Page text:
JAMES W. CLARKE has noted the curiosity that anyone who shoots a prominent public figure in America -- he deals here with 16 assassins and would-be assassins, most of whom assailed presidents or presidential candidates -- is for that reason alone usually written off as a lunatic. The act of assassination or attempted assassination per se triggers and even shapes a reductionist response, glibly psychological: He did it; he must be crazy.

Not so, Clarke insists. It is hardly difficult, by detailed reference to recent and earlier history, to show that it is often a mistake to assimilate assassins to a single psychoanalytic stereotype. Indeed, it is strange that Clarke is the first to question this conventional wisdom which, as he shows, has filtered into most of the official and quasi-official literature.

American Assassins is an attempt to retrieve the lost or undiscovered distinctions among these manifestly antisocial persons--to show that they obeyed promptings as various, and often as politically and socially intelligible, as the rest of us: if, to be sure, more violently and reprehensibly.

In Clarke's scheme -- professors must have their categories, of course -- there are four broad types of assassins: They range from John Wilkes Booth among the definitely "political" assassins, who was not the least bit insane by any useful definition, to Charles W. Guiteau, the murderer of President James Garfield, who definitely was. (Guiteau later pleaded "divine pressure on me," but his brother John had "no doubt that masturbation and self-abuse is at the bottom of his . . . mental imbecility.")

In between, Clarke finds two intermediate types: the "compensatory" assassin who is trying to remedy a lack in himself (Lee Harvey Oswald), and the "nihilist" assassin (Arthur Bremer) whose overmastering rage at society, or his lot in life, becomes narrowly focused on some public person.

Clarke argues that, aside from the outright crazies who suffer from delusion, most assassins are far from psychotic. He also makes the familiar but valid point that a glib application of psychiatric or pseudo-psychiatric "explanations" to one and all drains clinical terms of useful meaning.

We must, of course, stipulate that any violent assailant of a public figure is at least strange; beyond that, however, we must content ourselves with a greater effort to distinguish and discriminate. Motives, experiences and objectives -- where the latter are clear -- differ. It is senseless, for instance, to lump together the two Puerto Rican nationalists who opened fire at Blair House one autumn day in 1949 and John W. Hinckley Jr., who was trying to get the attention of an actress. So far, then, Clarke makes a convincing case.

Seldom, however, has so sound a conception been less adroitly handled than it is, in general, throughout Clarke's book.

Clarke is a clumsy writer (his trademark is the wandering modifier, as in: "Eligible for parole again in 1984" -- he is speaking here of Sirhan Sirhan -- "the Arab-American Realtions Committee is now working for his release. . . " or -- of Giuseppe Zangara, who attacked Franklin D. Roosevelt in Miami in 1933 -- "At the age of six, after just beginning school, Giuseppe's father put him to work").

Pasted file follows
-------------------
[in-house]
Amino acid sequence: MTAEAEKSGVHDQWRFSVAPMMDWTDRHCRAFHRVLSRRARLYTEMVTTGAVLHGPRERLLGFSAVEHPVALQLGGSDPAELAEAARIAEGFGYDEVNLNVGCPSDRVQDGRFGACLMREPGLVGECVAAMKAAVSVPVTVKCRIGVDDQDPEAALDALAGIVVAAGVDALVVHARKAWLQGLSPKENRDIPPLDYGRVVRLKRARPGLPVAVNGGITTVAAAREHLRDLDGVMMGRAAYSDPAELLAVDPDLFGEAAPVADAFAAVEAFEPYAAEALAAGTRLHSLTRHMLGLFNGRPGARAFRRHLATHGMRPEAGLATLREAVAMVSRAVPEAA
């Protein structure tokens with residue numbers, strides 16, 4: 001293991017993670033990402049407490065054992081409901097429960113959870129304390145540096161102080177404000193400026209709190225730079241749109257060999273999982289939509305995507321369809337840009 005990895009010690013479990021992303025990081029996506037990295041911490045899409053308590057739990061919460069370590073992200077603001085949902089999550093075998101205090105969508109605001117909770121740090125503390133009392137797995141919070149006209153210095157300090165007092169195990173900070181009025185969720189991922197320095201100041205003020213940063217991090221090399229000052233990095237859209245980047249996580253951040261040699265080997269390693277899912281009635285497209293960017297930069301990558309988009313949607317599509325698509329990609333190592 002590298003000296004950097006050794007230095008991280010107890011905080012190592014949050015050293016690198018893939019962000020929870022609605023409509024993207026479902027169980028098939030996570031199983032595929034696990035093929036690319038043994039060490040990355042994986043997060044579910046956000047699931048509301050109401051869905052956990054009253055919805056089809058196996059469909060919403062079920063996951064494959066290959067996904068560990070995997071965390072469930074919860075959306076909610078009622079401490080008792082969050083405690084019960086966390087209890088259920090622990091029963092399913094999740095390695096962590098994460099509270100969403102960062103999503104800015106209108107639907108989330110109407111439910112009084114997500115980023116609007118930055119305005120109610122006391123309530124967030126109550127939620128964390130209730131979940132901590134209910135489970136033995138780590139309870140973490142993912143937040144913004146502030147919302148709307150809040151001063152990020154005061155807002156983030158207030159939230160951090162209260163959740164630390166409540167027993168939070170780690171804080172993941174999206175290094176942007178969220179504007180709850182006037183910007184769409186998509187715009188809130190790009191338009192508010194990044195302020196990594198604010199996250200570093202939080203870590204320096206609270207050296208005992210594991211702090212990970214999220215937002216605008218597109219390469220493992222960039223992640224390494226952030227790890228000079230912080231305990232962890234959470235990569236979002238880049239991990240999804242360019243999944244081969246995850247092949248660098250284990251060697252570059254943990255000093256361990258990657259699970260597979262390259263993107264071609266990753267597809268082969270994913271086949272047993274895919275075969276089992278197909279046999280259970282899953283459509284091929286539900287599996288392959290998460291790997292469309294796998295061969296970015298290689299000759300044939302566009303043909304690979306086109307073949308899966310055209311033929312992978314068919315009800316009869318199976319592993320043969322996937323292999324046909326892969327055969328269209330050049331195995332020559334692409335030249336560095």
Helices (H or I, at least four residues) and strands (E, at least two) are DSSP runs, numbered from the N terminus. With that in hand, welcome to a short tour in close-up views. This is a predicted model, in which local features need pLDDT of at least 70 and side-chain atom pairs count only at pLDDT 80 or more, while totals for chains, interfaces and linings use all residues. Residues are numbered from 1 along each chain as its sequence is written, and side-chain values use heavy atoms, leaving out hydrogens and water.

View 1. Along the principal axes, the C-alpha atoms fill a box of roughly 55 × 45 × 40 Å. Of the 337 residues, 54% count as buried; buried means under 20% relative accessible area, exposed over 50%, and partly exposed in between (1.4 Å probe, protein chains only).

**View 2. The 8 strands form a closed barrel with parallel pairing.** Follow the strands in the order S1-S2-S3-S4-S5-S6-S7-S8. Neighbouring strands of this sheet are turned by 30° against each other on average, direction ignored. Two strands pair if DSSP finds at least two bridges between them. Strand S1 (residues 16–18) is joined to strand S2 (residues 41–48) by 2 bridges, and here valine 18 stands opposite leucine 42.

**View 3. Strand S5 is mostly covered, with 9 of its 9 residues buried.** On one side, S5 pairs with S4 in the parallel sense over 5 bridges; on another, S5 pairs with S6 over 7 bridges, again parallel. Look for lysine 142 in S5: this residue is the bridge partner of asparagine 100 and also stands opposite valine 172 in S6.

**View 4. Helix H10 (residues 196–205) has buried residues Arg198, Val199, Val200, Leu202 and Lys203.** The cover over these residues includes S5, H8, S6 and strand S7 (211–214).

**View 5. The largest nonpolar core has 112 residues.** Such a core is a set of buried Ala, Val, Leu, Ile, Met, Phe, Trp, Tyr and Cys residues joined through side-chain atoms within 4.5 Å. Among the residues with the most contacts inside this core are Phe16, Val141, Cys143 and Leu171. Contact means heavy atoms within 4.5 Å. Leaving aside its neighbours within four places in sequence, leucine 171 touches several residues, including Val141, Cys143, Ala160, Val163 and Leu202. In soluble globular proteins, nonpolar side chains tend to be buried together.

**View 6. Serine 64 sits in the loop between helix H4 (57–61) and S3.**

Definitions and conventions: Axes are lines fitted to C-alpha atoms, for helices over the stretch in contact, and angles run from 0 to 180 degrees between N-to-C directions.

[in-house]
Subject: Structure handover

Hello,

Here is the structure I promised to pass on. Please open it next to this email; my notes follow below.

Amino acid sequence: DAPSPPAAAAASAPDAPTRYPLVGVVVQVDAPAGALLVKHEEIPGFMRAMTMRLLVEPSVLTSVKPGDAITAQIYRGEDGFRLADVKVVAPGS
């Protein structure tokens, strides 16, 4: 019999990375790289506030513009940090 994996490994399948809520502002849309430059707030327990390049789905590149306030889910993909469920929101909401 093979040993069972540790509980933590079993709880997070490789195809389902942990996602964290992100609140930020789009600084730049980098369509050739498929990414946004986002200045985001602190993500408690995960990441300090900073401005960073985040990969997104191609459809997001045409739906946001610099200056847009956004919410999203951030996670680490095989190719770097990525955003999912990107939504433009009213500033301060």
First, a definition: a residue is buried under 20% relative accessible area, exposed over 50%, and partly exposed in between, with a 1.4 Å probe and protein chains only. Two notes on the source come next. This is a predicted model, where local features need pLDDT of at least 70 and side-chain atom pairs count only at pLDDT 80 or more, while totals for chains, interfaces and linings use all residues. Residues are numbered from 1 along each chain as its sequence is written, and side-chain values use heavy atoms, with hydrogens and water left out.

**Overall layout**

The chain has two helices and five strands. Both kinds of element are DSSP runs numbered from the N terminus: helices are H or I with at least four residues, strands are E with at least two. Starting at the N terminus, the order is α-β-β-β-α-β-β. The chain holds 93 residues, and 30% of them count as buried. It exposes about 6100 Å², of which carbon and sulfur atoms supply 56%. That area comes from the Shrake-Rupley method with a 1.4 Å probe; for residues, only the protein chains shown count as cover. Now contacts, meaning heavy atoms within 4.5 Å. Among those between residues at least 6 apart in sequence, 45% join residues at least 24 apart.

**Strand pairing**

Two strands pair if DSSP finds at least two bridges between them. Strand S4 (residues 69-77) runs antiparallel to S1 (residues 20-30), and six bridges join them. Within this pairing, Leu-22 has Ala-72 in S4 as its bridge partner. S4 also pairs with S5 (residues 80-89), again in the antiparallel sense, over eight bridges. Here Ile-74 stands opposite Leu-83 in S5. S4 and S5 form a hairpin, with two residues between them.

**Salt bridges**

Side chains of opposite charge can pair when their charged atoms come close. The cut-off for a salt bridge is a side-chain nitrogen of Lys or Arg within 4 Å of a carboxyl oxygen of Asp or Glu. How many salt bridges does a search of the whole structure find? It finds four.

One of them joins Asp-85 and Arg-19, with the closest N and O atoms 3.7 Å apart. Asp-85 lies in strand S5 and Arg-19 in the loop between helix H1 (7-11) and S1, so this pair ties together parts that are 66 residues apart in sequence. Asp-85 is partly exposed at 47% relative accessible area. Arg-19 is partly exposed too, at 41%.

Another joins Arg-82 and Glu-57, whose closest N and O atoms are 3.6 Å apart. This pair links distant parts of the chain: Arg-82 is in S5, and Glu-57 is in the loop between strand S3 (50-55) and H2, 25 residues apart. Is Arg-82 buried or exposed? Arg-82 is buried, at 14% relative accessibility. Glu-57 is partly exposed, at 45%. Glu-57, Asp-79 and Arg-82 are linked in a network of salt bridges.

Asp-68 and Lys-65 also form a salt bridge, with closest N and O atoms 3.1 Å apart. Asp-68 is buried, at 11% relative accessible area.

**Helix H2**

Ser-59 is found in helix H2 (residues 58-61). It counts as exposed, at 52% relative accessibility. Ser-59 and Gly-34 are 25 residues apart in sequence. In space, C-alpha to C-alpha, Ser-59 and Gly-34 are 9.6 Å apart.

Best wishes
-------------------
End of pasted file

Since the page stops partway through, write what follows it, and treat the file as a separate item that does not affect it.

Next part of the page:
More seriously, Clarke has given his imagination free play with the "objective" circumstances surrounding assassination episodes. His laudable aim is to recreate for the reader the plausibility (from the assassin's perspective) of his act of rage, revenge, anger, or political symbolism.

But Clarke, alas, lacks the rhetorical skill to bring off these ambitious technical exercises. Instead of imaginative insight, we too often get passages like this description of Arthur Bremer's mother: "The very real difficulties she experienced as a youth (sic) produced a suspicious, withdrawn woman who was given to erratic hostile outbursts at . . . her children."

One can only admire Clarke's brave attempt to empathize, as he seeks to grasp and elaborate the motives and background of the ultimate antisocial act. But it doesn't work. In most cases, it draws Clarke into a glibness about causation that, paradoxically, seems little improvement on the psychological reductions he deplores.

What, for instance, is gained by rescuing an Oswald (or a Samuel Byck, who in 1974 tried to hijack an airliner, intending to crash it into the White House) from glib psychologizing, only to tell us that "each misplaced occuptional frustration and projected spousal rejection onto political surrogates. . ."?

So far as one knows, neither Oswald nor Byck--the one killed within days of his crime, the other shot and killed on the scene--was examined by anyone competent to make such a judgment about motivation, even tentatively.

Perhaps we must leave to geniuses the effort to penetrate the minds and souls of assassins, while the rest of us make do with the fragmentary documented facts and clear inferences that may be drawn from them.

This is the irony of Clarke's ambitious book, which is otherwise full of interesting information and arresting speculation. Assassins are different, not only from you and me but from one another. Not all are crazy--unless you think it crazy to resent a bad lot or to will one's death for a cause (as, incidentally, millions have done in warfare and other violent enterprises throughout history). Beyond that, however, a gloomy mystery remains. Clarke, for all his earnestness, has not seen far, or sharply, into the gloom.